How The Capital Gazette helped me become a journalist
The Capital Gazette was where I got my start in journalism.
I was invited to sit in on The Capital’s news meeting on a humid Annapolis afternoon in the summer of 2014. I wasn’t anyone important. I was 19 years old and a rising sophomore in college who thought he knew everything about journalism.
I had sent an email to the then Editor-in-Chief, Steve Gunn (who left The Capital in 2015) giving my thoughts about the paper. He invited me to witness how a team of editors puts together a paper. After that meeting, he pulled me into his office, asked what I was about and told me I needed to start freelancing for them if I wanted to get anywhere in journalism.
To learn about the newspaper’s style, I would come in after work each evening to hang out in the office and help the then night news editor, Teri Winslow (who also left in 2015) copy edit the paper with the late Gerald Fischman, the newspaper’s editorial page editor. I worked for free because I enjoyed being with the staff and learning from them. They worked fast together and they treated me like I was part of their team. After the paper was put to bed, Teri would listen to me pitch story ideas.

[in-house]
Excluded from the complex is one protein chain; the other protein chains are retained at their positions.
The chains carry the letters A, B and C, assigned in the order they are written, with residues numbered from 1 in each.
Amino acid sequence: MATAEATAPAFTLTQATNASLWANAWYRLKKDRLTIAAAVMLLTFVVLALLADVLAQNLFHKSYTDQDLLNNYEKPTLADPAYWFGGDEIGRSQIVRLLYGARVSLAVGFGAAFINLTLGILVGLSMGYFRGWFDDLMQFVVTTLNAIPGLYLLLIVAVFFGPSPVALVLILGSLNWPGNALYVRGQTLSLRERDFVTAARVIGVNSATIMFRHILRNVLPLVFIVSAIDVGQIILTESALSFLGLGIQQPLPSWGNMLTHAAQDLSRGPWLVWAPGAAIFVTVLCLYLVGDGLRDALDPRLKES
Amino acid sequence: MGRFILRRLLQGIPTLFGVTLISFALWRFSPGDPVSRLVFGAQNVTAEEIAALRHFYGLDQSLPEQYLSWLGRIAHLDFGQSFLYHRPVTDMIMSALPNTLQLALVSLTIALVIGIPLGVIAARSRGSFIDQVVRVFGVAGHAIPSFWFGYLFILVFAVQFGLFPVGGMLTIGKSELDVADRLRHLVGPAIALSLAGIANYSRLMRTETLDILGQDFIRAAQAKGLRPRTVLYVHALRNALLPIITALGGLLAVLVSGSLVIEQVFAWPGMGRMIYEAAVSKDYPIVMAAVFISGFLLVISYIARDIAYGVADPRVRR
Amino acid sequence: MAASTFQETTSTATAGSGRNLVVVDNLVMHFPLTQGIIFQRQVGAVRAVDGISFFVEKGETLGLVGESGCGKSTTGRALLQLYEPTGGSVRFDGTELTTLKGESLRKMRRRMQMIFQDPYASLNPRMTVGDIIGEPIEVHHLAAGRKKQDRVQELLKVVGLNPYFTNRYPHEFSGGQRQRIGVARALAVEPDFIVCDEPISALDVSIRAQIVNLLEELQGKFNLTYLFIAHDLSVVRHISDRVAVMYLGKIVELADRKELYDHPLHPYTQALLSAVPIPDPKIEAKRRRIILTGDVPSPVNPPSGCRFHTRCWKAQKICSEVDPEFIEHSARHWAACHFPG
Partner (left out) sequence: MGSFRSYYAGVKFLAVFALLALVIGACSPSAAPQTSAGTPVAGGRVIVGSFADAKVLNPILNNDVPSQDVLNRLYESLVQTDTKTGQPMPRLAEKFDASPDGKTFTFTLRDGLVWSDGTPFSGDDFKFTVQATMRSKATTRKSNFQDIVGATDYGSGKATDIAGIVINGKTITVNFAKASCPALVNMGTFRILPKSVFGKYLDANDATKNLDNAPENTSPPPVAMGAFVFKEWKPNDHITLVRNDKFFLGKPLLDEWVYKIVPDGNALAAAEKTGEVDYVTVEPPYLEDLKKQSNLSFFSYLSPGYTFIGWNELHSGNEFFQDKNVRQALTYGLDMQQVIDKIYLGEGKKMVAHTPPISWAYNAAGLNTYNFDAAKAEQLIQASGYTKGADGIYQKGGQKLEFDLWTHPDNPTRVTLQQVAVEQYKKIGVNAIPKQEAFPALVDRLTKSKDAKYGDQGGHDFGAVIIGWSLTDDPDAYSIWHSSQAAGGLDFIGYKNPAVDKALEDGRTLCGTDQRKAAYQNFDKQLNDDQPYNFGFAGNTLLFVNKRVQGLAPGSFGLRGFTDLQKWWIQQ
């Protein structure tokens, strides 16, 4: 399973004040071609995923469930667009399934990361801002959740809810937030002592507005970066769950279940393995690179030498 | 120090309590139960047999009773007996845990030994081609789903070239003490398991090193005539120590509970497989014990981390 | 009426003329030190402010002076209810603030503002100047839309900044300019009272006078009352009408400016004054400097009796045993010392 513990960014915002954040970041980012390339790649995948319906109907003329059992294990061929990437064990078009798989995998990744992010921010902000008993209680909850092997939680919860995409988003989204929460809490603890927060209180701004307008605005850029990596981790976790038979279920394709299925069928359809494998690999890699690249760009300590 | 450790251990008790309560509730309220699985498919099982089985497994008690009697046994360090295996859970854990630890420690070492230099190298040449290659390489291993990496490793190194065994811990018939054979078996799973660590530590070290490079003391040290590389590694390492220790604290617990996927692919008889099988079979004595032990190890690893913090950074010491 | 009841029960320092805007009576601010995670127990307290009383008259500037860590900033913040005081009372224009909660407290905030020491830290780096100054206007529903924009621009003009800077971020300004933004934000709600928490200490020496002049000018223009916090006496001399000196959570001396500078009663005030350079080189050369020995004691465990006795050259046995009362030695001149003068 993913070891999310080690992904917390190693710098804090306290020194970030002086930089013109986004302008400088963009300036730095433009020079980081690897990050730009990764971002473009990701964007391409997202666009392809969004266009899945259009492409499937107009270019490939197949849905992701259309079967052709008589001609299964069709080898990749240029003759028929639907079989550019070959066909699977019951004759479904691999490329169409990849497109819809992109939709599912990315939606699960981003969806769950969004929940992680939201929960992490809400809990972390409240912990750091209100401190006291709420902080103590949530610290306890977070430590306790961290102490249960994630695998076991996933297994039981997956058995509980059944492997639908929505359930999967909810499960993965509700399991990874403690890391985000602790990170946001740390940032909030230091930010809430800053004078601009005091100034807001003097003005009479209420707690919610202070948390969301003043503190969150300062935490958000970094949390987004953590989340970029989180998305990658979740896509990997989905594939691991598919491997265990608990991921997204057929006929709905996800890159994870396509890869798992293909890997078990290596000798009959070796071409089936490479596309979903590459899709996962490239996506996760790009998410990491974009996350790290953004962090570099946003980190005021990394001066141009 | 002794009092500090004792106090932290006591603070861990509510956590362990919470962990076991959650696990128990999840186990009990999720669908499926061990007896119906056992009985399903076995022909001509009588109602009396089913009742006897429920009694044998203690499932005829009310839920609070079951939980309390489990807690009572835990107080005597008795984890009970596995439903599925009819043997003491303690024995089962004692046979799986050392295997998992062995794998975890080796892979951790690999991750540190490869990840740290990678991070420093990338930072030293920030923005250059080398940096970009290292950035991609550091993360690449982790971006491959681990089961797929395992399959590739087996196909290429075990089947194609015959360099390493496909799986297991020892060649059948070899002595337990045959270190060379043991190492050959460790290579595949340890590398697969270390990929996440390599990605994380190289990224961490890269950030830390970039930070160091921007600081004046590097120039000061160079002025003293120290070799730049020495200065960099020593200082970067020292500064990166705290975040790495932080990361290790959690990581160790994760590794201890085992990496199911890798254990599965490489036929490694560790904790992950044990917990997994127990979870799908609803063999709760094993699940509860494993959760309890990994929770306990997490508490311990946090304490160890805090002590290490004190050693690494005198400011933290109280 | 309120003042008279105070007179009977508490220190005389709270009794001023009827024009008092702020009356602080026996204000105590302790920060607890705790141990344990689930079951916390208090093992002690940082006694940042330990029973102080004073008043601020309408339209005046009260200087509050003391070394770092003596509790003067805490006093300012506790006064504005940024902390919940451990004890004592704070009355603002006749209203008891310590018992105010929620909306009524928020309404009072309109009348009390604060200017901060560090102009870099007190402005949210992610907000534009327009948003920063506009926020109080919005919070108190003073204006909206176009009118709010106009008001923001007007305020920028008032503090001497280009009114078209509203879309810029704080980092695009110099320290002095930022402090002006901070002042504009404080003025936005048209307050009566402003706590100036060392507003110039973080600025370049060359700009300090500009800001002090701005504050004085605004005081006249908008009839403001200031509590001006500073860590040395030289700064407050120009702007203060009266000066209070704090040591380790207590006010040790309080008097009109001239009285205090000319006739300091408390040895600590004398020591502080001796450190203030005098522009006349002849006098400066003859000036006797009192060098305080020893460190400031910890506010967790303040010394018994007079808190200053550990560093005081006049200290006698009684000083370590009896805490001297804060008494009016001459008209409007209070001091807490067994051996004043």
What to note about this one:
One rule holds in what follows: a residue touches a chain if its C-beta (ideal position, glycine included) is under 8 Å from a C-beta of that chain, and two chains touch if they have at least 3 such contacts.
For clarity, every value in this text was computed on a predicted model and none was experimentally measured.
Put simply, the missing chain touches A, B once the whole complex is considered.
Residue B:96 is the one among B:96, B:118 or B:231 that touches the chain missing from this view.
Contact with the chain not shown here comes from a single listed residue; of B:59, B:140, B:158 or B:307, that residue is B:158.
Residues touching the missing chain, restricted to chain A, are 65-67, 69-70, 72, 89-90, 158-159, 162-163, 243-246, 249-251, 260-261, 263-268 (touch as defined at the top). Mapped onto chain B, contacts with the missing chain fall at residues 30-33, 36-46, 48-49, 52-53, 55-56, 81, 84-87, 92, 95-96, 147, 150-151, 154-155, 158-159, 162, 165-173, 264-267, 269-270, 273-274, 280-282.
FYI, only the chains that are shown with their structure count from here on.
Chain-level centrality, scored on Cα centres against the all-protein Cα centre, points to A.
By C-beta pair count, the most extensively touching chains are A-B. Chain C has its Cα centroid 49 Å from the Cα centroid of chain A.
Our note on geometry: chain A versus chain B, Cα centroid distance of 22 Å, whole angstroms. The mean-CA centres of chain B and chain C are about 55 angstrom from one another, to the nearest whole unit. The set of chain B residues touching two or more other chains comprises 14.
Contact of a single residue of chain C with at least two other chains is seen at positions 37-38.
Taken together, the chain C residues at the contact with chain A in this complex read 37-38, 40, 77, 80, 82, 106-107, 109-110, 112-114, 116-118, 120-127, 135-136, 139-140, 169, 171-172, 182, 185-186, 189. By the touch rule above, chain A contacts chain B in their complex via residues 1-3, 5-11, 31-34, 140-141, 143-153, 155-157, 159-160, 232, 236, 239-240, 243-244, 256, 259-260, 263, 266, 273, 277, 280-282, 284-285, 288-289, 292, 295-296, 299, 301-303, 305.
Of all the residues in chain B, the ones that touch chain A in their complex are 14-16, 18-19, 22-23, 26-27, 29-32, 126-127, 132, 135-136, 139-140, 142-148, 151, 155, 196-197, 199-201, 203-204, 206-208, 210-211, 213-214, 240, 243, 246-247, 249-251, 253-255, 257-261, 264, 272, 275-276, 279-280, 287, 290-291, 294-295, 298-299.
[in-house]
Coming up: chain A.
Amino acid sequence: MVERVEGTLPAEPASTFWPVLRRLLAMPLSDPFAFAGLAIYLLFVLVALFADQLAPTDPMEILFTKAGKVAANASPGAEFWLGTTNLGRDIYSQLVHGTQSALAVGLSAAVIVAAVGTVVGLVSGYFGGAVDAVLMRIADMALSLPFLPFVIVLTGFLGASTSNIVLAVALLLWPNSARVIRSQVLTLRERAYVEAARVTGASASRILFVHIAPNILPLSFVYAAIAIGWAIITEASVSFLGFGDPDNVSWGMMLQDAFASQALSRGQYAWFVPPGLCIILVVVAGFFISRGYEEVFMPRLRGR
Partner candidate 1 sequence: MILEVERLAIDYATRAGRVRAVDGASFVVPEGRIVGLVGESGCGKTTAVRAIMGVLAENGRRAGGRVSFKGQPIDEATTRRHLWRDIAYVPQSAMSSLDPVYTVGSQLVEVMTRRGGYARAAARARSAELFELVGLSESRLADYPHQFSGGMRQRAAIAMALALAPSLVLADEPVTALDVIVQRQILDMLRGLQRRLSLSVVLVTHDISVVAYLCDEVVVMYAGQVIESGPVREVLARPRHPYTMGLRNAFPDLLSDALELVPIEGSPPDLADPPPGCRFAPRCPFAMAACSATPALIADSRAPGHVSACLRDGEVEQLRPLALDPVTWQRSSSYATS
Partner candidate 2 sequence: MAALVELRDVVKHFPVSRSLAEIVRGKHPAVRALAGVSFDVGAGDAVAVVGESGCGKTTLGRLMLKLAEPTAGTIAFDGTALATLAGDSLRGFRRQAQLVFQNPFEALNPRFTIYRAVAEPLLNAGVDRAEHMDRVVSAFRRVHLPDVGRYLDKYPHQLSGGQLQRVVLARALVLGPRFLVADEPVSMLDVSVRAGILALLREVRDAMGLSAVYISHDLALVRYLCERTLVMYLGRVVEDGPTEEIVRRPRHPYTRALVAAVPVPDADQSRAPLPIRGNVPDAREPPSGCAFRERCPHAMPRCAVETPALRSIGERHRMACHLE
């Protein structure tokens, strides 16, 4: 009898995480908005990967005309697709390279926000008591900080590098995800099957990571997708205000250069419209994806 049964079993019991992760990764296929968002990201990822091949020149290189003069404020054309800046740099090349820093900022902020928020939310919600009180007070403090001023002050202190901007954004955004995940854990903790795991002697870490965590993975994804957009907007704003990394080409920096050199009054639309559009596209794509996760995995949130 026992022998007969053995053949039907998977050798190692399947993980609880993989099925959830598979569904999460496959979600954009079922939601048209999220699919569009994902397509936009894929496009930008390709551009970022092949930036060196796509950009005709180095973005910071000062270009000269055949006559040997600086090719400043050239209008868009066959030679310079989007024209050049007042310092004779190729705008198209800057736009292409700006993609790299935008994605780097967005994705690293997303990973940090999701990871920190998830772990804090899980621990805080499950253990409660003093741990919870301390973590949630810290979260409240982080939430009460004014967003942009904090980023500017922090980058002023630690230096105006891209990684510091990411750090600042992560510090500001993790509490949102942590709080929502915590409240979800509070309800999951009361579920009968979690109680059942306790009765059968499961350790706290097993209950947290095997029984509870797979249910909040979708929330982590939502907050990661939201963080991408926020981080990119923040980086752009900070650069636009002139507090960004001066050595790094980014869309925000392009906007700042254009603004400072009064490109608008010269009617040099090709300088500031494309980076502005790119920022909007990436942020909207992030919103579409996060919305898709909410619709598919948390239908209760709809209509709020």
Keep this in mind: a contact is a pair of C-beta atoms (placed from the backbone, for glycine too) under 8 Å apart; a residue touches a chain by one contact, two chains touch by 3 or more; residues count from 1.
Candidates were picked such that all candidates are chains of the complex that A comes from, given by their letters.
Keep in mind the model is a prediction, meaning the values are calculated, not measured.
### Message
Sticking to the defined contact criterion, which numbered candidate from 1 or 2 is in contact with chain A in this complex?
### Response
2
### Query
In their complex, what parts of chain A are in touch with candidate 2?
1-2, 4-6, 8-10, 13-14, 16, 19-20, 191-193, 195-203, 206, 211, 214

When I went back to school in Illinois, Teri stayed in touch. My school’s newspaper adviser left the school without a replacement and I often had a Capital editor look at the front page stories before publishing. Brave folks like Joshua McKerrow—the photojournalist who rushed back to Bestgate to take photos of the swarm of first responders—encouraged me to be fearless.
The people at staff newspapers like The Capital don’t only care about putting together a newspaper, they care about people. They are often as sleep deprived as journalists at national publications, and often tell stories just as good or even better than the national reporters do.
In a world that seems to be diminishing the role of journalism in democracy, and where the expectation is that news is cheap, the journalists at The Capital not only worked hard to put out a daily newspaper, but they dedicated themselves to the mission of truth-telling. I continue to learn from and be inspired by Steve, Teri, Josh and the many other staff members that survived the shooting.
If you want to truly honor their memory, my suggestion is that you support the free press, subscribe to your local newspaper, and talk to a journalist. You’ll find that most are eager to listen and seek the truth - even if they're exhausted and overworked.